Afternoon Edition: Aug. 4, 2021

Today’s update is a 5-minute read that will brief you on the day’s biggest stories.

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Gov. J.B. Pritzker speaks at the Thompson Center on March 30, 2020.

Ashlee Rezin Garcia/Sun-Times

Good afternoon. Here’s the latest news you need to know in Chicago. It’s about a 5-minute read that will brief you on today’s biggest stories.

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Afternoon Edition

Chicago’s most important news of the day, delivered every weekday afternoon. Plus, a bonus issue on Saturdays that dives into the city’s storied history.

This afternoon will be mostly sunny with a chance of sprinkles and a high near 85 degrees. Tonight will be mostly clear with a low around 65. Tomorrow will be mostly sunny with a high near 85.

Top story

Pritzker announces mask mandate for Illinois schools

Gov. J.B. Pritzker today issued a vaccine requirement for some state workers and a mask mandate for students in preschool through 12th grade.

Pritzker’s announcement brings Illinois in line with guidance from the Centers for Disease Control and Prevention, which last week recommended that all teachers, students and staff in schools wear masks indoors regardless of their vaccination status.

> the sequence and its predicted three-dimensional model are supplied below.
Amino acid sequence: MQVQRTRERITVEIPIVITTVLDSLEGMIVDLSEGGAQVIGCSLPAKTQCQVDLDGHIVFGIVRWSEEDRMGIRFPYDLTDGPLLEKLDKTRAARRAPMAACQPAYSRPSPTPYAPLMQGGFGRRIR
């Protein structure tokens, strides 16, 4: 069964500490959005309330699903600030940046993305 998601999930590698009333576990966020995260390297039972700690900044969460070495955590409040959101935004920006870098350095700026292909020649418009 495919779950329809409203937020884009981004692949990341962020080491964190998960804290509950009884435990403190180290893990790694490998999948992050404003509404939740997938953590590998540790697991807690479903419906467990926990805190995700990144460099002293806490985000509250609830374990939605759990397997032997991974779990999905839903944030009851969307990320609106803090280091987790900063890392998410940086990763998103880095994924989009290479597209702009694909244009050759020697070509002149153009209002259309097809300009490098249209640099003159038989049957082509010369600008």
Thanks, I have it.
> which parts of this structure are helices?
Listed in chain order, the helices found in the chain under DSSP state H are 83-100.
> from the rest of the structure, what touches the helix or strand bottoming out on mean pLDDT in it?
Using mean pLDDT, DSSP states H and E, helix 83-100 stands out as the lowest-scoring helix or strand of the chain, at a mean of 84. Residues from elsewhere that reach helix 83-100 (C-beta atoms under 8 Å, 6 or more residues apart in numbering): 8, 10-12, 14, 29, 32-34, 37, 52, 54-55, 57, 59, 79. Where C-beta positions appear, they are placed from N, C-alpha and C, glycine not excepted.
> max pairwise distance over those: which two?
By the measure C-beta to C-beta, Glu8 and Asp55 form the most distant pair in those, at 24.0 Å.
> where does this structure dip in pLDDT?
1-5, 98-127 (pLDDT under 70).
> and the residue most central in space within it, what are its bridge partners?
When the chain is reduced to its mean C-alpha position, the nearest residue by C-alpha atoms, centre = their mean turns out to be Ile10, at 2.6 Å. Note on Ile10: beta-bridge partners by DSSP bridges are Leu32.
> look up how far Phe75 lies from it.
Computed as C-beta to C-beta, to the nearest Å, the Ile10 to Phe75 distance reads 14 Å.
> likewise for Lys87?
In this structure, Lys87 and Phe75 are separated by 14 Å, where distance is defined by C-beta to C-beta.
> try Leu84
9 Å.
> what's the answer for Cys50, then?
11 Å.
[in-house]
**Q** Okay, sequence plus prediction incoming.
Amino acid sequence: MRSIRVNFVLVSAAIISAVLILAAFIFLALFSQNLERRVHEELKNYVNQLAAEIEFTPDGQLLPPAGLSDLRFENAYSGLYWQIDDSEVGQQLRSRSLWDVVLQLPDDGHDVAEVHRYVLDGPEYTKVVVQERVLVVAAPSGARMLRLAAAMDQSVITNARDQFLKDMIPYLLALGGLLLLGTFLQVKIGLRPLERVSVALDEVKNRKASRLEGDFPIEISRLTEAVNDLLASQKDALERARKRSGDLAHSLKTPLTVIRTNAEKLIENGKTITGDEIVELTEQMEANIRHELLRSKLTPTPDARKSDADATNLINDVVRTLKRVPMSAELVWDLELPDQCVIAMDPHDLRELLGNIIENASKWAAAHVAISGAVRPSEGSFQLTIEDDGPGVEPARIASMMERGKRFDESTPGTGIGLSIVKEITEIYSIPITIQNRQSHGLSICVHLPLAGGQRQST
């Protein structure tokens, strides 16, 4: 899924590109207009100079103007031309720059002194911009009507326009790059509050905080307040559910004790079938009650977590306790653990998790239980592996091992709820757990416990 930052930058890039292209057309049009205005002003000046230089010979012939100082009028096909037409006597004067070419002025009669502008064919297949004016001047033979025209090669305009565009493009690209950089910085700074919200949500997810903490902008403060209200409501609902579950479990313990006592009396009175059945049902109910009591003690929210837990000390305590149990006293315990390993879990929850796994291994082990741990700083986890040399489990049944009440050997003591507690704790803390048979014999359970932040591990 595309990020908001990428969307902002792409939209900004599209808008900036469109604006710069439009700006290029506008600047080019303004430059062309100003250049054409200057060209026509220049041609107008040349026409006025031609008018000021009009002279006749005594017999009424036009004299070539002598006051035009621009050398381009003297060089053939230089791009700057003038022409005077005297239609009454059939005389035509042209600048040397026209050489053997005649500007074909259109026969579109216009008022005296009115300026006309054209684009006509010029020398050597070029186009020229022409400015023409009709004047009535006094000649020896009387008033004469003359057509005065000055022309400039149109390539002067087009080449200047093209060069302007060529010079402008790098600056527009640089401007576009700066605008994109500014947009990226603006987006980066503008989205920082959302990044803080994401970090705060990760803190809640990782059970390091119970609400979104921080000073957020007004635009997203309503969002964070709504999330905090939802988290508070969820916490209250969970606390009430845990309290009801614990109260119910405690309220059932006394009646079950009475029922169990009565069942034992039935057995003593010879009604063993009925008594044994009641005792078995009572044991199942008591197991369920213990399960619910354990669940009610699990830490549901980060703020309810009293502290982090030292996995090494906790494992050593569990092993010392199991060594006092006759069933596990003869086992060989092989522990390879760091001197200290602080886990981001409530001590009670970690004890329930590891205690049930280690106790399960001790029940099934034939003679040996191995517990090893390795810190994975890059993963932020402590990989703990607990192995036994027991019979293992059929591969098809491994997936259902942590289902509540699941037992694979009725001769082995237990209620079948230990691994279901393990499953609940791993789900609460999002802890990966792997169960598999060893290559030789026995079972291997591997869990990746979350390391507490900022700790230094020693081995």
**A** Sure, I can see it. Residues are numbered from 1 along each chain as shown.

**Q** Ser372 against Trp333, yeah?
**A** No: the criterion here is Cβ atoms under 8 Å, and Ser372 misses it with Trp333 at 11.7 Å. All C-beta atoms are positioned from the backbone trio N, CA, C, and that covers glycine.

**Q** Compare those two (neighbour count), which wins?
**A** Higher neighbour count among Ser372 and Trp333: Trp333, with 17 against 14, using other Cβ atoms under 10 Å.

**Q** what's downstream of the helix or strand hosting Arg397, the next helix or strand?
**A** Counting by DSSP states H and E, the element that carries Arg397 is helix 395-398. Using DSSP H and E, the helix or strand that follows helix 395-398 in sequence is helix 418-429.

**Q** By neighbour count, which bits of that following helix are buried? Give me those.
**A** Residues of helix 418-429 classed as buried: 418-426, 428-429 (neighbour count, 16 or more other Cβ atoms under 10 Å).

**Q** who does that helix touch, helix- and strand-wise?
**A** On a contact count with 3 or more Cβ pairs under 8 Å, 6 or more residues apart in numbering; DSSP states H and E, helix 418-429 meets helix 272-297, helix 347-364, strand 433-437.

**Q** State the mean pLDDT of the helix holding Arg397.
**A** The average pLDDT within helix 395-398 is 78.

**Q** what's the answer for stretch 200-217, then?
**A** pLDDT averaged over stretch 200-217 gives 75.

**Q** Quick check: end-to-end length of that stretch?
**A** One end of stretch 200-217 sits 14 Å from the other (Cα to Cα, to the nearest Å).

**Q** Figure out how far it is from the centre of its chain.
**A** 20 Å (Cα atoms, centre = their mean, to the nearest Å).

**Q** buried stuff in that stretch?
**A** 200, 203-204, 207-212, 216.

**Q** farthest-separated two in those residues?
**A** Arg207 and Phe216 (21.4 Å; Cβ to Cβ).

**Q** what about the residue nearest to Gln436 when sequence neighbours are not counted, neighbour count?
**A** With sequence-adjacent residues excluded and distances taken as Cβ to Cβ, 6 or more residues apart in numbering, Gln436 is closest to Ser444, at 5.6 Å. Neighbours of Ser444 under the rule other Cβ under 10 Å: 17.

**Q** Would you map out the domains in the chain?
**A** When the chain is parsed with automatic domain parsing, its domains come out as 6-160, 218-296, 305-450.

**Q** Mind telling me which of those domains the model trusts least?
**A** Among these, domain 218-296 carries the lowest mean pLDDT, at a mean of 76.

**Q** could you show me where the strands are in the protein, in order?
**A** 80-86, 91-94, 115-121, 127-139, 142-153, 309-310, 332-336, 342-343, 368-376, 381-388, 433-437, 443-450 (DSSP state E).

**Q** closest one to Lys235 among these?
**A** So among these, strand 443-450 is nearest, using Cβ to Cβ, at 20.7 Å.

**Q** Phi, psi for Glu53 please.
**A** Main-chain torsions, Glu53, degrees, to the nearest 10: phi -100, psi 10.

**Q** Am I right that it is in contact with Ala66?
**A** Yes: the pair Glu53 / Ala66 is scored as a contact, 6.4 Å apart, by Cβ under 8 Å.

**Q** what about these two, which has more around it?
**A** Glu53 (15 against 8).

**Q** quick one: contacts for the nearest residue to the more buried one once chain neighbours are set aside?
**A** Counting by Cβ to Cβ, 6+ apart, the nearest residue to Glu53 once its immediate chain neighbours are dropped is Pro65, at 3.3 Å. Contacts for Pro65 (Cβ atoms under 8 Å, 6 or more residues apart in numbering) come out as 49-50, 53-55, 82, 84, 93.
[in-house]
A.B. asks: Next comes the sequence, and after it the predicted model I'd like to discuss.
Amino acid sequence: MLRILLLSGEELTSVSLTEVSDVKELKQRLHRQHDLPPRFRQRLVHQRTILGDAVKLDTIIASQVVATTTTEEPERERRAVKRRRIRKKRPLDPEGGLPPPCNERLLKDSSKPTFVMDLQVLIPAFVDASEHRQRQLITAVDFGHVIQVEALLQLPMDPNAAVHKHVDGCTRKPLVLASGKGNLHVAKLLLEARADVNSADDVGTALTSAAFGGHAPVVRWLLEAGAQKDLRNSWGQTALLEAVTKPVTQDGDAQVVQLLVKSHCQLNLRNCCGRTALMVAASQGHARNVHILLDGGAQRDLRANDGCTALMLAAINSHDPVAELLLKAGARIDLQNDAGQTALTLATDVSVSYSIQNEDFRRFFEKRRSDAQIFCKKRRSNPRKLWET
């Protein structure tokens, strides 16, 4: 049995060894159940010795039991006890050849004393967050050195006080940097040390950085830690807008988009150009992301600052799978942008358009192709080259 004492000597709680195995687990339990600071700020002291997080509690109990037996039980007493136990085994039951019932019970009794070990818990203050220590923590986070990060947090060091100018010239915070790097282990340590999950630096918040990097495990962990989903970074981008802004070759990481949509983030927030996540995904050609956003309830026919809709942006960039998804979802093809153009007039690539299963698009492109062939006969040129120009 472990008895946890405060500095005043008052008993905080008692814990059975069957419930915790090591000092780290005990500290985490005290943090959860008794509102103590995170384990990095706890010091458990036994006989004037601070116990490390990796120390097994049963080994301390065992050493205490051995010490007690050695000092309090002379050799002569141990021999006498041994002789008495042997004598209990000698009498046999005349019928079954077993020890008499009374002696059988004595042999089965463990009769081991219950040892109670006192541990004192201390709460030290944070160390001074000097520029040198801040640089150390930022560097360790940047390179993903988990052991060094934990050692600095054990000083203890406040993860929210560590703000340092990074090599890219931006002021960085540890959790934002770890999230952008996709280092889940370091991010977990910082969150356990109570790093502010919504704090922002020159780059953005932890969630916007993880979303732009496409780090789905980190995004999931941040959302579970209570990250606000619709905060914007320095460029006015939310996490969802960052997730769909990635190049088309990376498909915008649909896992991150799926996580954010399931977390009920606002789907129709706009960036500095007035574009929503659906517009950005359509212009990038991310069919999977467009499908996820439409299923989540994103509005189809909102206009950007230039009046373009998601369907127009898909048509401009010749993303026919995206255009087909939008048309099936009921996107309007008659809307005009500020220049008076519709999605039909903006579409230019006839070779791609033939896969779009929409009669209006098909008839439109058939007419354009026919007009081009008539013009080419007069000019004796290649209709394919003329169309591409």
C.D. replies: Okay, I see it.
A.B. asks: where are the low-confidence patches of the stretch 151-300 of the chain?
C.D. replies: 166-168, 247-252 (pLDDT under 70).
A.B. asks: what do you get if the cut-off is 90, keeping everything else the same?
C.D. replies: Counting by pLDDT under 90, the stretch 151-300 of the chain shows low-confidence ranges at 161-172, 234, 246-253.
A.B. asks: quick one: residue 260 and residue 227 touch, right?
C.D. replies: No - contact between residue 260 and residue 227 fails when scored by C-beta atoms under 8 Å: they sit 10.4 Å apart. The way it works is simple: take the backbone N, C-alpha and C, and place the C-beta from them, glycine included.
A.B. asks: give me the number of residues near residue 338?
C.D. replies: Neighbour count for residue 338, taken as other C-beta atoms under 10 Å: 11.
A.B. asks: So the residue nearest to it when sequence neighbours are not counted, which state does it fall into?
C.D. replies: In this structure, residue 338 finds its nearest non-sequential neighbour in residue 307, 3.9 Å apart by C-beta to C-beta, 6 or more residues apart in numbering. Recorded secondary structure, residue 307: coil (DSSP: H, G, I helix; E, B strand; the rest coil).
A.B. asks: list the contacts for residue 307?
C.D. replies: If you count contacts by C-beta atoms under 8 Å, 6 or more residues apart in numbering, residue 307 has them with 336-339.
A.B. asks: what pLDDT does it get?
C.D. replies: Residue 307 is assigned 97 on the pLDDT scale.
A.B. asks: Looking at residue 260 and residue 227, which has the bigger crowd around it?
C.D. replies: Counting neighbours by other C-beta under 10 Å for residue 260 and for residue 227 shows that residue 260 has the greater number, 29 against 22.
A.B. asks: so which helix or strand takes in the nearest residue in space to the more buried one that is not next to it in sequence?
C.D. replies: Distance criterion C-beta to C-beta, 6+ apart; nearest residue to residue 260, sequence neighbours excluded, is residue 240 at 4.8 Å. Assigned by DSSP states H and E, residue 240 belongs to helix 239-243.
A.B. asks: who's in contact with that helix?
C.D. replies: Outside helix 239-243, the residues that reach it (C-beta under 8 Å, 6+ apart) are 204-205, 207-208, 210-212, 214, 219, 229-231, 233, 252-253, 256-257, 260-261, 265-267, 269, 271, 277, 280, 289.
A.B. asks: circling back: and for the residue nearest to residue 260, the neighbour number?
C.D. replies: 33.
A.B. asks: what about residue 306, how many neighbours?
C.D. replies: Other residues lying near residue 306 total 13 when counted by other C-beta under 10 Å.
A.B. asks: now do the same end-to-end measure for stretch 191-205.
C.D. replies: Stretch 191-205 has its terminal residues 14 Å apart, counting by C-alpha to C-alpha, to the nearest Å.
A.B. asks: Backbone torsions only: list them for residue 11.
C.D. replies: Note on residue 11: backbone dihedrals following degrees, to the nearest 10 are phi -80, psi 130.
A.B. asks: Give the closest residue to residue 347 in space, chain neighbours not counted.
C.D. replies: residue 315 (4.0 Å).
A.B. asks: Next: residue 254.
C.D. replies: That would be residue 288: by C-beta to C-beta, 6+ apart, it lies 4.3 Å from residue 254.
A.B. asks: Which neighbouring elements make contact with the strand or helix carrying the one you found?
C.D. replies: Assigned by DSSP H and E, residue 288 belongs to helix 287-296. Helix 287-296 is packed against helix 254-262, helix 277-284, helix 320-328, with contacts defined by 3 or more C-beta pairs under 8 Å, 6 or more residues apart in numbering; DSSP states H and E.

The mandate applies to both public and private school students.

The state has seen a surge in cases in recent weeks, in part due to the highly infectious Delta variant of the coronavirus. Health officials reported last week a roughly 35% increase in COVID-19 hospitalizations and a 46% increase in state case numbers.

The Delta variant already accounts for more than 20% of new COVID-19 cases across the United States and “is likely to be our dominant strain here in the next couple of months,” according to Chicago Public Health Commissioner Dr. Allison Arwady.

Rachel Hinton has more on the new rules here.

More news you need

  1. Cook County State’s Attorney Kim Foxx’s office declined to file criminal charges against a Des Plaines cop who shot a budding teen musician in 2019 while pursuing a bank robber. Foxx’s office says the officer was “justified in using deadly force” against the robber.
  2. Cook County, as of yesterday, has recorded 11,000 deaths attributed to COVID-19, a grim milestone that prompted officials to again urge residents to get vaccinated. COVID-19 cases have increased by 30% since June 26 in the county.
  3. Barack Obama is scratching his Saturday outdoor birthday party for “hundreds” on Martha’s Vineyard, having decided to scale back the gala because of Delta variant concerns. The former president turns 60 today.